Johannesburg:The transplanted Indian Premier League finished on Sunday in front of a capacity crowd with a blaze of fireworks and an array of international entertainers headed by Guyanan rock star Eddy Grant.
The Deccan Chargers took the title with a six-run victory over Royal Challengers Bangalore in the final, but throughout the 37 days of the tournament in which 59 matches were played, the cricket shared top billing with the lights, music and cheerleaders that were part of the IPL package.
Arranged at short notice in South Africa following security concerns because of elections in India, the IPL captured the imagination of South African sports followers.
The opening weekend in Cape Town, with two double-headers on successive days, was sold out. So were the semi-finals, in Centurion and Johannesburg, and the final at the Wanderers in Johannesburg.
In between, near-capacity crowds attended many of the games, attracted by low prices, the glitz and glamour of the tournament, and the chance to see most of the world's best players in action.
The unpredictable nature of Twenty20 cricket was shown when Bangalore and Deccan, who filled the last two places on the log in the first IPL in 2008, reached the final.
Even on 2009 form that was a surprise, because they beat the two teams that dominated the round robin stage, the Chennai Super Kings and log-topping Delhi Daredevils respectively.
Conditions were different in South Africa from those in India last year, with bowlers having a bigger say on late-season pitches that offered assistance to both seam and spin bowlers.
Even so, it remained a batsman's game.
Matthew Hayden, the powerful Australian left-hander who retired from international cricket in January, was Chennai's mainstay as he topped the tournament run-scorers list with 572 at an average of 52.00 and an impressive strike rate of 144.81 runs per 100 balls.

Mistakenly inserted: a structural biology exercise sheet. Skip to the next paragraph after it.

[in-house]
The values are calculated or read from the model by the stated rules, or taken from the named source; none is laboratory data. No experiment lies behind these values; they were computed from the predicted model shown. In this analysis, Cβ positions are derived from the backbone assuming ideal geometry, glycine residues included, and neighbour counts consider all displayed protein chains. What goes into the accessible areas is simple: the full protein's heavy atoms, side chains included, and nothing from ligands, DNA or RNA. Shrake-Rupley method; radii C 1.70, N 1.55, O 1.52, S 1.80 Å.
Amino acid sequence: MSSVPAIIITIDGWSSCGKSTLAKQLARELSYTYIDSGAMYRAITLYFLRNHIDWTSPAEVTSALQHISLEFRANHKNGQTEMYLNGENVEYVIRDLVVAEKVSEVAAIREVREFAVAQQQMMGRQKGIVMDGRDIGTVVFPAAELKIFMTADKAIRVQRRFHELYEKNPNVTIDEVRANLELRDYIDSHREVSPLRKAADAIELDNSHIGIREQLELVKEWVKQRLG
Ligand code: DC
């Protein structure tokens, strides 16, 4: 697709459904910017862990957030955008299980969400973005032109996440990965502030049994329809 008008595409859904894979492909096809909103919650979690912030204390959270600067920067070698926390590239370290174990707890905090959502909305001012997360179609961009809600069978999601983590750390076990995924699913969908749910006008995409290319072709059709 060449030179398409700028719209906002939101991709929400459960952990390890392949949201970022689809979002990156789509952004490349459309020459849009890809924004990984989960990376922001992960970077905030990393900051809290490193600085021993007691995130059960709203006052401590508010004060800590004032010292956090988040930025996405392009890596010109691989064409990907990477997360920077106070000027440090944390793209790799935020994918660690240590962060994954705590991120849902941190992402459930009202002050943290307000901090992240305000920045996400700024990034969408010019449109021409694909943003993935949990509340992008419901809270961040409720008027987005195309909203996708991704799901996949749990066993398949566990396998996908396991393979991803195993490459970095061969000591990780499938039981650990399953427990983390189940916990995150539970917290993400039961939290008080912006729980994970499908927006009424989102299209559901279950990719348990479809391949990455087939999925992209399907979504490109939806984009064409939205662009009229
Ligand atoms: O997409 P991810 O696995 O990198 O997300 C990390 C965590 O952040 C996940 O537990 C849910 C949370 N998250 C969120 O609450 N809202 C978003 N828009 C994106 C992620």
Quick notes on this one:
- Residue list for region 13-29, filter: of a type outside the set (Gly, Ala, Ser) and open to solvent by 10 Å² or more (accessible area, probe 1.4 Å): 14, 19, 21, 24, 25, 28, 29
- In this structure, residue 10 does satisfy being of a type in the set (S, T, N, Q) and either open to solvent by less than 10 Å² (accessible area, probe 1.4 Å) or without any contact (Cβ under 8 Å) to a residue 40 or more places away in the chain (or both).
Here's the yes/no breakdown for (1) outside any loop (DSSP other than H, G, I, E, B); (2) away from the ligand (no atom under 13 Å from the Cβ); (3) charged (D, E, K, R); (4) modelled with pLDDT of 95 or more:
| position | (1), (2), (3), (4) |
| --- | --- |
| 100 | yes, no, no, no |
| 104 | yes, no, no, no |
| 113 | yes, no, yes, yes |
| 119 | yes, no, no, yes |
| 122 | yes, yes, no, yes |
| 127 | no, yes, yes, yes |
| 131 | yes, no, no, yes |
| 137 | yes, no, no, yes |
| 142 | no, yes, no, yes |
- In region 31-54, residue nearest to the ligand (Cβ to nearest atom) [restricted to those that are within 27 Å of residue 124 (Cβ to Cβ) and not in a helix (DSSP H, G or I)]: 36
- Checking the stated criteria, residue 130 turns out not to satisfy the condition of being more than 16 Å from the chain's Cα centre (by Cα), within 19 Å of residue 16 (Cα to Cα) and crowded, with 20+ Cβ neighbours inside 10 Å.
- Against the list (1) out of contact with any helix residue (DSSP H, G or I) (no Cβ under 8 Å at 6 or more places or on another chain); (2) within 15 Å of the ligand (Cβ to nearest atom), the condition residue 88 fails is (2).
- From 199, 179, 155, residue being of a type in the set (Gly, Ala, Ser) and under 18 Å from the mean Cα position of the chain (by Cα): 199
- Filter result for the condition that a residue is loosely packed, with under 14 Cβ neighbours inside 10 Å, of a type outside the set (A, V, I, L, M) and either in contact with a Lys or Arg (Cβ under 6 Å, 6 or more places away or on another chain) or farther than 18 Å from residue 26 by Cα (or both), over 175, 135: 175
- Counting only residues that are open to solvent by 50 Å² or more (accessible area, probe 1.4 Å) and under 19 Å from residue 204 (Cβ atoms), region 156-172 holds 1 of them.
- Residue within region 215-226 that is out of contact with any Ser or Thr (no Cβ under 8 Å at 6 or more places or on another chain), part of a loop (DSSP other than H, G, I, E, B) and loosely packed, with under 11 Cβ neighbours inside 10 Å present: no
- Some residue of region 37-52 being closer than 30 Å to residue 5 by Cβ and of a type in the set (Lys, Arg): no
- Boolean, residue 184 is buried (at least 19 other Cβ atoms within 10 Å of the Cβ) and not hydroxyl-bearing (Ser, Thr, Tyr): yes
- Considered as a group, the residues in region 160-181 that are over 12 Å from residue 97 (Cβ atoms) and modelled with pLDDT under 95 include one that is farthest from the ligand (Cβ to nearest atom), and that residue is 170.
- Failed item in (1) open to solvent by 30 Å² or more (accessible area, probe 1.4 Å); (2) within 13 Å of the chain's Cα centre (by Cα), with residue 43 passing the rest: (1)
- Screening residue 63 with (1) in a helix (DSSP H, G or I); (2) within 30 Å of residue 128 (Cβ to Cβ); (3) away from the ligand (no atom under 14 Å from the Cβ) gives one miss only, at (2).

Another former Australian player, Deccan captain Adam Gilchrist, played the stand-out innings of the tournament when he slammed 85 off 35 balls in the semi-finals to get his team past Delhi.
Left-arm opening bowler RP Singh of Deccan Chargers was the leading wicket-taker with 23 at an average of 18.13, but many of the most effective bowlers were spinners, led by Bangalore captain Anil Kumble, who finished with 22 wickets, including four for 18 in the final.
Left-arm spinner Pragyan Ojha was a consistent performer for Deccan and experienced international bowlers like Muttiah Muralitharan and Harbhajan Singh were consistently economical.
While much of the focus was on established international stars, the tournament provided a platform for young Indian players such as Bangalore's Manish Pandey, 19, who became the first Indian to hit a century in two seasons of the IPL.
While Deccan leapt from last place in 2008 to the title in 2009, defending champions Rajasthan Royals failed to reach the semi-finals, with former Australian star Shane Warne unable to inspire his comparatively modestly-funded teams to another triumph.
Much of the early focus was on Bollywood stars Shah Rukh Khan, Shilpa Shetty and Preity Zinta, all co-owners of franchises, but none of their teams did particularly well.
Khan's Kolkata Knight Riders finished an embarrassing last, winning only three out of 14 matches and Khan returned to India early in the campaign.
Zinta's Kings XI Punjab were squeezed out of the semi-finals on run rate, while Shetty's Rajasthan were sixth.
In the end, the cricketers were able to claim centre stage.